GILLETTE’S PROBLEM: WHEN WOMEN ARE SHIVERING, THEY’RE NOT SHAVING!
Sweden gets very cold in winter. For five months of the year, sub-zero temperatures engulf the region, and darkness and snow force people to stay indoors. As a result, Swedes don’t shave much. After all, why should they bother when they have to swaddle themselves in coats, thermal underwear and tights just to leave the house?
This is bad news for Gillette, whose Venus ladies shaving range suffers from a double-digit sales slump every winter.
Gillette realised that during the colder months, the brand’s biggest challenge is not rival razor products - it’s the weather.
While Gillette’s female target like to regularly shave and show off their legs in the summer, that routine becomes less and less frequent in the winter. The brand's key insight was that it needed to re-programme this behaviour to boost frequency of shaving and increase sales of Gillette Venus.
Gillette’s major problem, of course, was that it couldn’t change the weather, but could it help its target dream about sunnier climates, imagine long hot days, remember what summer feels like?
And, if Gillette could get them thinking warm - if it could really bring that dream warm weather to life - perhaps Gillette could fire up their summer shaving routine.
GILLETTE’S STRATEGY: SHARING SOMEONE ELSE’S SUMMER WOULD STOP WOMEN SHIVERING AND START THEM SHAVING AGAIN!
Gillette couldn’t change the weather, but it could change the mind-set of its audience. If Gillette could remind them of summer – by helping them share and swap stories and pictures with women in warmer climates – Gillette could emotionally engage them with their summer shaving routine.
Gillette needed to start that process early to remain relevant during the cold season. It knew its target was increasingly mobile and smartphone dependent, spending hours plugged in to social networks and online photo-sharing platforms. In Sweden, women use Instagram twice as much as men and 39% use it on a daily basis.
Gillette would give women the chance to win a trip somewhere warmer, by entering Gillette’s photo contest on Instagram. For the chance to win, women would have to submit photos of the coldest places in Sweden, labelling them with Gillette’s #venuscompetition hashtag. This would be great content to share – while painfully cold, there’s nothing prettier than a sparkling blanket of snow. Gillette’s snap-happy women wouldn’t be able to resist.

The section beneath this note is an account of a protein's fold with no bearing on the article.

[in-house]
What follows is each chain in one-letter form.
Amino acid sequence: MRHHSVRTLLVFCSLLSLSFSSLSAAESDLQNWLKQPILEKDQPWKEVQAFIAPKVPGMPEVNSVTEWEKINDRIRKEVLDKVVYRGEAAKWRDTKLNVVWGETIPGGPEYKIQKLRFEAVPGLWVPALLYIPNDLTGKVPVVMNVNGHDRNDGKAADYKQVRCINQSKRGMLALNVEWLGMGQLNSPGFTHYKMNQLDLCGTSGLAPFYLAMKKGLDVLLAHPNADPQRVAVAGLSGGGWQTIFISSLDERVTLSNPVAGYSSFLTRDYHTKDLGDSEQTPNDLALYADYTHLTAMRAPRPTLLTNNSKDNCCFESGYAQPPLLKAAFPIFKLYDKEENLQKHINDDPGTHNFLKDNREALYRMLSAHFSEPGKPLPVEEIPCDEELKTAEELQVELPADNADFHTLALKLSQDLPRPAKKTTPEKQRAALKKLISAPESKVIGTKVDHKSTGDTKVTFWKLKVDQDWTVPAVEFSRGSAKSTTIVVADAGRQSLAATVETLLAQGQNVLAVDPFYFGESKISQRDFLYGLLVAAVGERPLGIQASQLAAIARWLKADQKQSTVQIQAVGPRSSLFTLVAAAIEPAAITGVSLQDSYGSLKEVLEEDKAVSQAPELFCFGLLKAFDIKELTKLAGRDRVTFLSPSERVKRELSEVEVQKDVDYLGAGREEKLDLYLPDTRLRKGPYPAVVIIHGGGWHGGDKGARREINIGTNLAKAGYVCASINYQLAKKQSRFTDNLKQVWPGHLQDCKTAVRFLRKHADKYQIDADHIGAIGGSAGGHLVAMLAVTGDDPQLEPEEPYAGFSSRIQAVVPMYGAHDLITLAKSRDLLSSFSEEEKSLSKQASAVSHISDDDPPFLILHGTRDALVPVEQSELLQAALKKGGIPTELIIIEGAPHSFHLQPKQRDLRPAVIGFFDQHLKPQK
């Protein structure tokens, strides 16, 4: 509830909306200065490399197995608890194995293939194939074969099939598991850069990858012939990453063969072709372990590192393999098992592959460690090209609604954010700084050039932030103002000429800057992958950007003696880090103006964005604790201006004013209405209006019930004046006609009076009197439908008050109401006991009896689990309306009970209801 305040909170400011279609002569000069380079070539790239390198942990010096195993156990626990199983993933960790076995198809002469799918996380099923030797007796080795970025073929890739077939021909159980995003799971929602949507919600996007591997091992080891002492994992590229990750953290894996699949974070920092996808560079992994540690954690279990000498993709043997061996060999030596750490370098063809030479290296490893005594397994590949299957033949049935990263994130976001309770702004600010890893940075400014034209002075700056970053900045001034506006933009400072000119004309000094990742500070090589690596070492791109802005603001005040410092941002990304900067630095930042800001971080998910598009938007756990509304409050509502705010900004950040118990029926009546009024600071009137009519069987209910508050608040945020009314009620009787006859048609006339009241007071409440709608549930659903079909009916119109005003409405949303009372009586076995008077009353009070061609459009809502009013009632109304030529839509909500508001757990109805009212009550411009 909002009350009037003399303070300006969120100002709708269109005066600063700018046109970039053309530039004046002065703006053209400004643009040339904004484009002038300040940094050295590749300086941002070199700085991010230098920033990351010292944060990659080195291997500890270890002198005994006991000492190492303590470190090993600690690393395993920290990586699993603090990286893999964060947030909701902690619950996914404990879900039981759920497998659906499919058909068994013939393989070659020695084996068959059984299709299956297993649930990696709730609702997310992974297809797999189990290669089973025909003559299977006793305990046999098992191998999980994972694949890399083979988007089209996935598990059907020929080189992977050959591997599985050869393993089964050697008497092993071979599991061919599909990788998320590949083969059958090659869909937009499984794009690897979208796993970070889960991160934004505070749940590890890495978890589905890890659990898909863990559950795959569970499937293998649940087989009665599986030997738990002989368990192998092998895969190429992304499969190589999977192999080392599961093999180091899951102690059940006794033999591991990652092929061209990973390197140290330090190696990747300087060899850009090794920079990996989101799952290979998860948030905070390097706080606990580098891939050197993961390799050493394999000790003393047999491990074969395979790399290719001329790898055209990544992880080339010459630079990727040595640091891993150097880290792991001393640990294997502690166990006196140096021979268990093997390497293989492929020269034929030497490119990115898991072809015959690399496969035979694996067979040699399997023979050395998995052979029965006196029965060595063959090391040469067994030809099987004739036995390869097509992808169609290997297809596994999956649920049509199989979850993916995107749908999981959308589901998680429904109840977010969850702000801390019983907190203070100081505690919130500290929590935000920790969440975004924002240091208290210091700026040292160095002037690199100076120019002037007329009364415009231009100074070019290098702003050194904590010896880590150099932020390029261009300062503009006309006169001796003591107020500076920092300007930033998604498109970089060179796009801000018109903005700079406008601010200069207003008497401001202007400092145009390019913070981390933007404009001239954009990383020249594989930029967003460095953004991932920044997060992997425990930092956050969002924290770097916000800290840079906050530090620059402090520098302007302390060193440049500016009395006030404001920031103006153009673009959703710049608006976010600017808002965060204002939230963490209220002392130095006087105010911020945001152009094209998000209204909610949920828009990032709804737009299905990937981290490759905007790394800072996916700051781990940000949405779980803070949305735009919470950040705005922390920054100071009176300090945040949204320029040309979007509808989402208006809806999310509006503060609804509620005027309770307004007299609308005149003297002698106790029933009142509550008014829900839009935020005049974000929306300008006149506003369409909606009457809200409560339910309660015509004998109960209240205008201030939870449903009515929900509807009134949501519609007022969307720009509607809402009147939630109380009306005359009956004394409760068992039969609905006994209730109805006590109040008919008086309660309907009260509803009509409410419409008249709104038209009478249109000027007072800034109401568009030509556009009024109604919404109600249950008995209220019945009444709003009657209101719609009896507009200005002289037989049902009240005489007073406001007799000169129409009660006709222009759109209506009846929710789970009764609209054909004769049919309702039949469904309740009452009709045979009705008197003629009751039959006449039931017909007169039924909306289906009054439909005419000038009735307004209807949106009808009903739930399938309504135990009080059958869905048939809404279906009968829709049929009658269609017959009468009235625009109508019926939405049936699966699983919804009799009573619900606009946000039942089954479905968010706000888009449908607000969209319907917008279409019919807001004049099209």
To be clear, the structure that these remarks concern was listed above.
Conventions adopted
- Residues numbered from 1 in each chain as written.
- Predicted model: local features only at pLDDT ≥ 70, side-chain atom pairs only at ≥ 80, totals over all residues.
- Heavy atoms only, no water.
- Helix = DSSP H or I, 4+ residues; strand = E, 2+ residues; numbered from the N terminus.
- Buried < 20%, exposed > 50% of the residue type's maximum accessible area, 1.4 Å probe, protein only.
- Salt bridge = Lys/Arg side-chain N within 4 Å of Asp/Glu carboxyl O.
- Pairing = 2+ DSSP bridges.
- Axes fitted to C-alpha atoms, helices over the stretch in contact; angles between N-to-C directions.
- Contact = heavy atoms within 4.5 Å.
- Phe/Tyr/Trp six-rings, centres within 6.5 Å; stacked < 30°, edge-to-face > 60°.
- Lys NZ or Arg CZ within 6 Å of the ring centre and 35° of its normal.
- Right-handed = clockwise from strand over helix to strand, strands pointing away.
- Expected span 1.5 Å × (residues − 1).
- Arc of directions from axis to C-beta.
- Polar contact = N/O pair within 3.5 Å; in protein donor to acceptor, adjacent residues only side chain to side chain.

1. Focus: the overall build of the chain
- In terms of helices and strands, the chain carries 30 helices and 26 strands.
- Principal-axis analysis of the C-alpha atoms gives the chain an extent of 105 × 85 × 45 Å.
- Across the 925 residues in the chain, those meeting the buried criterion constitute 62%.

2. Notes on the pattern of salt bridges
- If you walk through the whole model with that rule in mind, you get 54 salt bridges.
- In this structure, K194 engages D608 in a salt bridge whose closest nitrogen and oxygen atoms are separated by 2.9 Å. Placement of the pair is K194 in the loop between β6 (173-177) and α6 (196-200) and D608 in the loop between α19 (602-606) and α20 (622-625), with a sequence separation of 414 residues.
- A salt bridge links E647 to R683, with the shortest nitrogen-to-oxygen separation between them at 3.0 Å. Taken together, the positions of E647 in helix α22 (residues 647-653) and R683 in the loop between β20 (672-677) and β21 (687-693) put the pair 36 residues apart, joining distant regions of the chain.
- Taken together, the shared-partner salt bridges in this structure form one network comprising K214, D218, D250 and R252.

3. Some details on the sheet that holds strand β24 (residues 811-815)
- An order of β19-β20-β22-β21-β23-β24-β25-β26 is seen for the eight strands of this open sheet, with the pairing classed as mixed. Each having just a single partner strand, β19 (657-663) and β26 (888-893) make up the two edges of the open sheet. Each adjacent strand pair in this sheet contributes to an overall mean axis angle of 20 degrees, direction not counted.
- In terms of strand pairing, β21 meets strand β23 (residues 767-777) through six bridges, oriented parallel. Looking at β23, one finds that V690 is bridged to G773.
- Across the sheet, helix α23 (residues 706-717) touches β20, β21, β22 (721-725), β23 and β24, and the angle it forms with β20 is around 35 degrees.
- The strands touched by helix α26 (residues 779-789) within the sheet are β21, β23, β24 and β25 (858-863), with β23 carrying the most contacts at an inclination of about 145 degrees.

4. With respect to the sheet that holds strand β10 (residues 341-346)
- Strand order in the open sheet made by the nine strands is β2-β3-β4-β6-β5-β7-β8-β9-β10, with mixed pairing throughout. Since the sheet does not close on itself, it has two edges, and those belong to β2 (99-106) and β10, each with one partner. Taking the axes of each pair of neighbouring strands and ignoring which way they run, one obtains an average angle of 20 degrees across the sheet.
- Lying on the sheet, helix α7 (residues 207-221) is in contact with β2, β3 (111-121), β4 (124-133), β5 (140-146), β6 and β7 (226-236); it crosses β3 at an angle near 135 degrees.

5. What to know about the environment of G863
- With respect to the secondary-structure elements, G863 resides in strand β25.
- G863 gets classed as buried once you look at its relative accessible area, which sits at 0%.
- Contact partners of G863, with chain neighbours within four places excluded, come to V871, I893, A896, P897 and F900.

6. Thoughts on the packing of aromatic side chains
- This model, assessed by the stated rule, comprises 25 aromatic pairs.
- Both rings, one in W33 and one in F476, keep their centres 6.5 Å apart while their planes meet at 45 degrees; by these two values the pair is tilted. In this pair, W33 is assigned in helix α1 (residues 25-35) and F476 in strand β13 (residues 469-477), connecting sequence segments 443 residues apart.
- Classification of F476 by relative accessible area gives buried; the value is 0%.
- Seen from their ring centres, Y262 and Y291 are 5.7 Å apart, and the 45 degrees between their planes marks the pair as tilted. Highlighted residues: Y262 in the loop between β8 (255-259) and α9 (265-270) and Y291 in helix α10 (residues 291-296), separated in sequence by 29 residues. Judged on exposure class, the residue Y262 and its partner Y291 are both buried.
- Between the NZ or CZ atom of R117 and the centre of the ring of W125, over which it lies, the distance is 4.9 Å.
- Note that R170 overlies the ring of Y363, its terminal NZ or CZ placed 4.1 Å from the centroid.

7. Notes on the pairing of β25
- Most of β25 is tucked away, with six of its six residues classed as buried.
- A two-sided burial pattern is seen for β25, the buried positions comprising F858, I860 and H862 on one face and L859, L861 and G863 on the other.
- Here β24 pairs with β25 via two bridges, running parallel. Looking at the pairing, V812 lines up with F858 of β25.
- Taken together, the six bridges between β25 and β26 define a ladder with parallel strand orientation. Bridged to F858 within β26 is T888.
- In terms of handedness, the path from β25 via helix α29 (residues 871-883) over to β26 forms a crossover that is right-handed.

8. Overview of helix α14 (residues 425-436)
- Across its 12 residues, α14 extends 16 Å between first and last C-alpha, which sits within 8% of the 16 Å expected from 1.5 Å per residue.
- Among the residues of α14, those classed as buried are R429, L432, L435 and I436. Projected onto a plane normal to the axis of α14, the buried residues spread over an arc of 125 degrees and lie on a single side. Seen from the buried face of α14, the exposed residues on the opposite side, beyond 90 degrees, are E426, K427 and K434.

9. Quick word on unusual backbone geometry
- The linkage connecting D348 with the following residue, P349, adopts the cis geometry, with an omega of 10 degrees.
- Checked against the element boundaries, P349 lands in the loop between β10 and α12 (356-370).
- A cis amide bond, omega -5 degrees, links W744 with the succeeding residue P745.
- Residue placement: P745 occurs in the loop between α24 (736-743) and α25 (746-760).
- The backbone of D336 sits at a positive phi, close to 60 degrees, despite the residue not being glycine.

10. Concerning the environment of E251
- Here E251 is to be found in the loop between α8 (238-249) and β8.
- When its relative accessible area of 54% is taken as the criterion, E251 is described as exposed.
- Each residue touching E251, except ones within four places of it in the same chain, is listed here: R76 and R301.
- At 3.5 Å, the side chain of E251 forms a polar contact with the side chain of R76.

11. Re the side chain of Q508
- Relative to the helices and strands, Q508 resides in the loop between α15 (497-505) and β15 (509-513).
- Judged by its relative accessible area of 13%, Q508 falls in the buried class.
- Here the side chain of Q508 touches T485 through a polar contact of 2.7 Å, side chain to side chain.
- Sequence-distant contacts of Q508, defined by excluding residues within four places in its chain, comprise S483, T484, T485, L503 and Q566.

A specially selected jury of female bloggers from sunny Florida, Brazil and Australia, would comment on the pictures and select daily favourites – giving Gillette’s photographers social fame and moving them closer to the holiday.
Keeping shaving on women’s mind, Gillette would offer a discount on Venus products to anyone posting a picture. Uniquely, this discount would be based on the weather conditions at their GPS-stamped location. The colder the weather, the bigger the discount. A partnership with an online retail brand would make purchase just a tap away.
Top fashion bloggers would also spread the word about Sweden’s weather – by showing sun-worshipping local Miami residents just how cold it was in Stockholm. Gillette would use their reactions – and photos – to create more sharable content on Facebook and the Venus website.
SHARING PHOTOS AND STORIES LED TO SAVINGS ON SHAVING!
In January 2013, in the middle of the Swedish winter, Gillette launched the Gillette Venus ‘Tag the Weather’ competition website and made the tough climate conditions work in its favour.
To win a holiday to Miami, consumers took photos of their winter weather and published them on Instagram; the campaign site automatically found them thanks to the hashtag used. Each photo was instantly given a bad weather score. Based on geo-location, the colder the conditions recorded (based on historical weather data) the higher the score.
Consumers could convert this into a dynamic discount for the Venus Proskin Sensitive. The lower the temperature, the bigger the discount. Gillette’s unique partnership with Halens, the region’s biggest online fashion and personal care retailer, meant that purchase was always just a click away.
Gillette’s message combined display, video and blog partnerships on mobile and web. Tag the Weather appeared on blog portal Devote.se and fashion blogs such as Tyras.se. It created videos showing Swedes talking to Americans in Miami about their weather and asking if they wanted to swap locations. They were hosted on YouTube, Facebook, female blogs and the campaign site.
Above-the-line ads invited women to show off their everyday weather to a unique jury of sun-spoiled bloggers (Steffi from Miami, Alana from Rio, Chrystal from Sydney), who also wrote about the competition and extreme weather in Sweden.
Wherever possible Gillette’s shivering target was exposed to the warmer weather being enjoyed by women elsewhere.
SHARING PICTURES LED TO SALES HEATING UP BY 570%
In just two weeks Gillette attracted more than 5,800 Instagram photos – the highest number ever in Sweden. Overall, Gillette reached 444,500 Instagram users earning nearly 130,000 likes. The campaign site attracted more than 160,000 unique visitors – 80% via a mobile device.
In total, Gillette reached three million unique mobile devices across the region, while Facebook and Instagram activity reached 91% of all Swedish women 18-35.
Gillette’s response-led tactic generated incredible sales. The impact on sales of was incredible. During the campaign online sales of Venus Proskin Sensitive increased 570% and blades were up 100%. While in-store sales were boosted by 36%.